The fight for a chlorpyrifos-free food system and EPA's rejection of opposition to the ban

Avoiding harmful insecticides like chlorpyrifos (both for their own health and the health of farmworkers, who are directly exposed to these toxins in the fields) is one of the main reasons many consumers switch to organic food, which does not allow the use of synthetic, toxic pesticides. Because organic products cannot use the synthetic pesticides or fertilizers that many conventional crops rely on, organic systems have lower pesticide residues, reduced greenhouse gas emissions, and are better for water quality. Research also shows that organic production boosts farmworker livelihoods and decreases poverty in rural areas.  

For years, the Organic Trade Association and its members and allies have raised the alarm over a severe lack of governmental oversight when it comes to dangerous chemicals and pesticides in the U.S. food system. The battle over chlorpyrifos, a pesticide with deadly impacts on both environmental and human health, has been a particularly long and contentious one. The chemical has been used in the U.S. since 1965, but was banned from use in residential areas over 20 years ago in 2000, due to the plethora of research showing human harm. Due to the influence of powerful lobbyists, however, chlorpyrifos was still allowed for agricultural use until 2021. In February, the Environmental Protection Agency (EPA) won what is hopefully the last battle over chlorpyrifos after denying all objections, hearings, and requests to stay the final rule revoking all tolerances. 

Before the EPA stepped in, chlorpyrifos was a widely used insecticide - an estimated 6 million pounds of the chemical was used annually across some 10 million US acres of fruits, vegetables, berries, nuts and wheat. At one point, it was even cited by the EPA as the most commonly used conventional insecticide in the US. Even though some conventional agriculture lobbyists repeatedly referred to as “low risk,” the science has shown that chlorpyrifos can lead to serious complications for humans, wildlife, and the environment.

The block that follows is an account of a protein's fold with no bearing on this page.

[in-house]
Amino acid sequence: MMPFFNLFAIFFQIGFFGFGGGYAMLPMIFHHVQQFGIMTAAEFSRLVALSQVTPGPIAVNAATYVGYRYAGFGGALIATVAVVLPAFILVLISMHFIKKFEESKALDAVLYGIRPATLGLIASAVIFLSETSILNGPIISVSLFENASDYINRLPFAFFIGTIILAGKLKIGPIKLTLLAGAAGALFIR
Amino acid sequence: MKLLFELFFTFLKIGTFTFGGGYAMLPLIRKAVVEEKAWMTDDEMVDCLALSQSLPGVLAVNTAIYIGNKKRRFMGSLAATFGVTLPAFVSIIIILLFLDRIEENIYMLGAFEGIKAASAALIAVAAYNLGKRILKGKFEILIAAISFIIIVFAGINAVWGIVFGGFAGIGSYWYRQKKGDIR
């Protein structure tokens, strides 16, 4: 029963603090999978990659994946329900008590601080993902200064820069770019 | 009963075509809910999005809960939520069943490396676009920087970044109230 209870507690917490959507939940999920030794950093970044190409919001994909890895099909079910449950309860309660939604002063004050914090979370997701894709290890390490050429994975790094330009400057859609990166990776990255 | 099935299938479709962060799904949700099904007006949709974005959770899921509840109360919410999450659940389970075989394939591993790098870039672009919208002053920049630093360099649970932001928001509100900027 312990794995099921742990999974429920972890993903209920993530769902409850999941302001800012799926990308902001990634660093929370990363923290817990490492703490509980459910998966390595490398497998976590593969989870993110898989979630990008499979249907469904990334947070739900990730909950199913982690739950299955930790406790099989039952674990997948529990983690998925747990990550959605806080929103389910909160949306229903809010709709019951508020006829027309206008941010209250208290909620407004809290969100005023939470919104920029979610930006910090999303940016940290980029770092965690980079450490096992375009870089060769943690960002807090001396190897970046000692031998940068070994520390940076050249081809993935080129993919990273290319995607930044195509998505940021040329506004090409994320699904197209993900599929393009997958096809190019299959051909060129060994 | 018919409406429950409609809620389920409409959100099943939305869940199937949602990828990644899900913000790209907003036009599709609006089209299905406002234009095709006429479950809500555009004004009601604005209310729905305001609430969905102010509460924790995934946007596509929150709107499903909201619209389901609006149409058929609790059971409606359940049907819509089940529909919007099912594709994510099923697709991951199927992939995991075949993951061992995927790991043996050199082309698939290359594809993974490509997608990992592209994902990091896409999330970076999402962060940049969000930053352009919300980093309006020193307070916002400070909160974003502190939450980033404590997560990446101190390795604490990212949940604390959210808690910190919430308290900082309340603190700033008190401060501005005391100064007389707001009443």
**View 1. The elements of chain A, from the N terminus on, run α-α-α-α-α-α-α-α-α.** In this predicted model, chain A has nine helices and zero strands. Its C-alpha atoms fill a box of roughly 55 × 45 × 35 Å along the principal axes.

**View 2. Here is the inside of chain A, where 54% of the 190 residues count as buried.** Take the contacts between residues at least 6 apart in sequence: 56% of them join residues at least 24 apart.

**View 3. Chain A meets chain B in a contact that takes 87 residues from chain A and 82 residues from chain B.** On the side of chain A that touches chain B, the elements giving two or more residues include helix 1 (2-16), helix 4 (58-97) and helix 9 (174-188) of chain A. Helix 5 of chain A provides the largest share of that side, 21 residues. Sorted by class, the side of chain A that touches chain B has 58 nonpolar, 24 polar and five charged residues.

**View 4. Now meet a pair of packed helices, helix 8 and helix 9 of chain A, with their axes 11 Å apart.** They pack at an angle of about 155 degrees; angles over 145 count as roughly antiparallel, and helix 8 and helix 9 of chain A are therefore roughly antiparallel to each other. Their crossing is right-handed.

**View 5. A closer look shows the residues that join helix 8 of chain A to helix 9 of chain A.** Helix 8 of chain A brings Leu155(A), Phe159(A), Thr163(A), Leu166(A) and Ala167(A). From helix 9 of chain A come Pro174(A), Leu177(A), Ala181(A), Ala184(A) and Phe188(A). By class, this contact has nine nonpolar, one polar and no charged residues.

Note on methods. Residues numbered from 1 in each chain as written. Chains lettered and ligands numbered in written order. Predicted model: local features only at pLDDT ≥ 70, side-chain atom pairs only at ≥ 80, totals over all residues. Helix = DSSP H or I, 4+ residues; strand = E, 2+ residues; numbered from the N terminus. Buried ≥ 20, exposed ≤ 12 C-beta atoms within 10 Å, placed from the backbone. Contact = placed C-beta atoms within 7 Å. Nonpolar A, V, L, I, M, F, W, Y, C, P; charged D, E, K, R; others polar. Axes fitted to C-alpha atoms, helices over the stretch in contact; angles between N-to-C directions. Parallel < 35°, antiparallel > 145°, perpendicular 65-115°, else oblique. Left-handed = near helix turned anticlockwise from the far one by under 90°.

Acute exposure to chlorpyrifos can cause respiratory failure and death in humans; even exposure to lower doses is associated with multiple health risks, which are especially concerning for children. Several studies, for example, have linked prenatal exposure to organophosphate pesticides with respiratory and brain development issues, as well as with autism. Chlorpyrifos is also toxic to wildlife, including fish and aquatic insects, and has been shown to cause reproductive issues in both birds and mammals. The impacts of chlorpyrifos contamination aren’t limited just to crops, either. A study out of Emory University in collaboration with The Organic Center, for example, showed that while nearly 60% of conventional milk samples had residues of chlorpyrifos, organic milk tested clean. 

The Fight for a Chlorpyrifos-Free Food System 

  • 2015, a court order revoked all tolerances for chlorpyrifos.  

  • 2016, the EPA proposed a ban on chlorpyrifos, noting “sufficient evidence” that – even at low levels – exposure to chlorpyrifos could cause negative neurodevelopmental effects in children. 

  • 2017, despite the overwhelming evidence of harm, agrochemical companies convinced the EPA, under Administrator Scott Pruitt, to reverse its decision to ban chlorpyrifos. 

  • 2018, another court order to ban the insecticide was thwarted following agrochemical outreach that resulted in an appealed to the decision by the Trump administration. 

  • 2021, EPA issued a final rule announcing it would stop the use of the pesticide chlorpyrifos on all food to better protect human health, particularly that of children and farmworkers. 

  • 2022, conventional agriculture lobbyists sued to try and overturn EPA’s 2021 final rule, but EPA ultimately denied to hear their objections.  

Organic has shown that we can do good business while doing good. Doing good means agriculture fighting for regulations that protect people and the planet, not trying to derail them. Doing good means leveraging the upcoming Farm Bill to modernize agriculture while also increasing accountability through legislation like the Continuous Improvement & Accountability in Organic (CIAO) Standards Act. Doing good means shopping your values and advocating for them in the policy arena. We can say no to chlorpyrifos, say yes to organic and regenerative agriculture systems, and feed the world without poisoning the planet. 


Banner Photo Credit: Jake Gard;